Sharing in the sum of all human knowledge requires us to go to the sources. Beyond citations to books, journals, and websites, knowledge comes alive through images, video, and audio footage. We can travel to the beginnings of human history and admire the beauty of the Venus of Brassempouy carved from mammoth ivory 25,000 years ago. We can marvel at 2000-year-old mummy portraits that capture the dead in vivid colors. We can immerse ourselves in an Easter procession of the 19th century painted in incredible realism by Ilya Repin. We can listen to the earliest sound recording of a human voice, which could only successfully be played back two years ago for the first time.
Galleries, libraries, archives, and museums (a collective we refer to as “GLAM”) document, showcase, preserve and protect our cultural treasures. The Internet gives us the opportunity to share digital entry points to the fuller experience that cultural institutions can offer. With more than 340 million unique visitors every month, Wikipedia is the central entry point for research in the Internet-connected world.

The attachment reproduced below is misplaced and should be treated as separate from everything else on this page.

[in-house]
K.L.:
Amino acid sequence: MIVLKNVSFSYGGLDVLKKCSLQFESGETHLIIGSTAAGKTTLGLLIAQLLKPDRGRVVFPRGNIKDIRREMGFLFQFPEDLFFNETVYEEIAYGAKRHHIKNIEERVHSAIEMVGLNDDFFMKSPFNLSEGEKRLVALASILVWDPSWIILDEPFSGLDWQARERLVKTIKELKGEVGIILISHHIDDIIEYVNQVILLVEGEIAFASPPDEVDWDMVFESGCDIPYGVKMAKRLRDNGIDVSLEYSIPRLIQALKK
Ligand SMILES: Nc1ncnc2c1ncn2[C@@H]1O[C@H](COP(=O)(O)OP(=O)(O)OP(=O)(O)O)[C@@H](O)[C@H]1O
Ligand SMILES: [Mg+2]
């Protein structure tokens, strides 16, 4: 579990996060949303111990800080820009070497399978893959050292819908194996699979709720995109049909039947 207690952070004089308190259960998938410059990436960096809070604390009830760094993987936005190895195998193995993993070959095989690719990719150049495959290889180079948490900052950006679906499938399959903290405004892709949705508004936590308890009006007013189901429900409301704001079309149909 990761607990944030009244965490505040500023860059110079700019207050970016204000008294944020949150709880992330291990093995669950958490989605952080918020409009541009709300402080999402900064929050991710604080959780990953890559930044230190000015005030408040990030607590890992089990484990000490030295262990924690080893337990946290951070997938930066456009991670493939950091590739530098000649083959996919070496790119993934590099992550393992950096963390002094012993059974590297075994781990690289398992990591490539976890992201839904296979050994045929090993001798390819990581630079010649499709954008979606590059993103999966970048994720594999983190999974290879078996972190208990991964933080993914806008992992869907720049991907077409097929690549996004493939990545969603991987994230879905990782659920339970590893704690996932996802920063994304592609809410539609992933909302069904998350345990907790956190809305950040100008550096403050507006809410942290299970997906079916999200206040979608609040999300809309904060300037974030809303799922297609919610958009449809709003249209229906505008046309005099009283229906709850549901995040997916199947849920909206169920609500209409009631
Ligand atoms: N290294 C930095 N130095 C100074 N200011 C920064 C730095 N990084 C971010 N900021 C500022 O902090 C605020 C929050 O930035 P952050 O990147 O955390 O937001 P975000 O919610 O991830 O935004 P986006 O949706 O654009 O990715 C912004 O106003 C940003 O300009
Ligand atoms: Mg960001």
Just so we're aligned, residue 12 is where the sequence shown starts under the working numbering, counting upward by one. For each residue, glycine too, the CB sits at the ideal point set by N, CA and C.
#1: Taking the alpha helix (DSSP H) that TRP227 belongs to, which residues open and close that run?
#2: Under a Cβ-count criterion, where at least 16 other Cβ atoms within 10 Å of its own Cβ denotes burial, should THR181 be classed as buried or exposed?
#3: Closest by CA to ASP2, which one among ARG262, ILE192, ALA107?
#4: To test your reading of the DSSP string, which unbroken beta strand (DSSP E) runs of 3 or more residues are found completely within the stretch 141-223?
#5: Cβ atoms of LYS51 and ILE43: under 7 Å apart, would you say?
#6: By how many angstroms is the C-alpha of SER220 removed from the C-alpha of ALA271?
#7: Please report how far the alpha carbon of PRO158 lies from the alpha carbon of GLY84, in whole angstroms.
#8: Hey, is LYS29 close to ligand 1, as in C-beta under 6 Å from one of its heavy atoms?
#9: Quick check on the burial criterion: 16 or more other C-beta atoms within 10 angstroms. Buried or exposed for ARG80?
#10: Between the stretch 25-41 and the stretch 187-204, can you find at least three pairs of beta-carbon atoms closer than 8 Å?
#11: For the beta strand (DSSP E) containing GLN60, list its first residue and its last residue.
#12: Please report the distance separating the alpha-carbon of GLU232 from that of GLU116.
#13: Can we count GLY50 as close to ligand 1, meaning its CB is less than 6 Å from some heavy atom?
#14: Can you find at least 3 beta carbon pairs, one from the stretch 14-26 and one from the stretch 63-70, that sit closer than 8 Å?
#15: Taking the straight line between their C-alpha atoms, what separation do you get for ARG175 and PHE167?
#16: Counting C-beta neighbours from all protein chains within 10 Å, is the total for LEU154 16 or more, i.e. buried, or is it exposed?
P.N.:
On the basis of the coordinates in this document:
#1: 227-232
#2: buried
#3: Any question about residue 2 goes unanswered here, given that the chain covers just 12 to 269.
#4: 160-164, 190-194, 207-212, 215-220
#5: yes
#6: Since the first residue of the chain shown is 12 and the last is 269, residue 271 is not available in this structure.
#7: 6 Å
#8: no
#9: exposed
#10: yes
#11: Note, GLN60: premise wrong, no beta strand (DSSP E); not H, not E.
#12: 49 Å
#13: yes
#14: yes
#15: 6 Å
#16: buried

The international Wikimedia volunteer movement is therefore naturally aligned with the public service mission of cultural institutions. Over the last year, we have seen an acceleration of partnerships to bring content online. This is also a result of the emergence of Wikimedia’s world-wide presence through chapter organizations founded by volunteers, which exist in 27 countries.
For the first time, we now have compelling data that shows the success of these partnerships, and the virtuous circle they can inspire. We also can use the same metrics to track the success of Wikimedia’s other content outreach initiatives.
Developing improved content usage metrics was one of the key priorities identified at the Multimedia Usability Meeting in Paris (see previous report). Thanks to the work done by Bryan Tong Minh, who attended the meeting, the usage of every media file in our media repository is now fully tracked across different Wikimedia projects and languages. Based on this, Magnus Manske, another volunteer and Paris attendee, developed two useful scripts that help us track the usage of entire collections of content: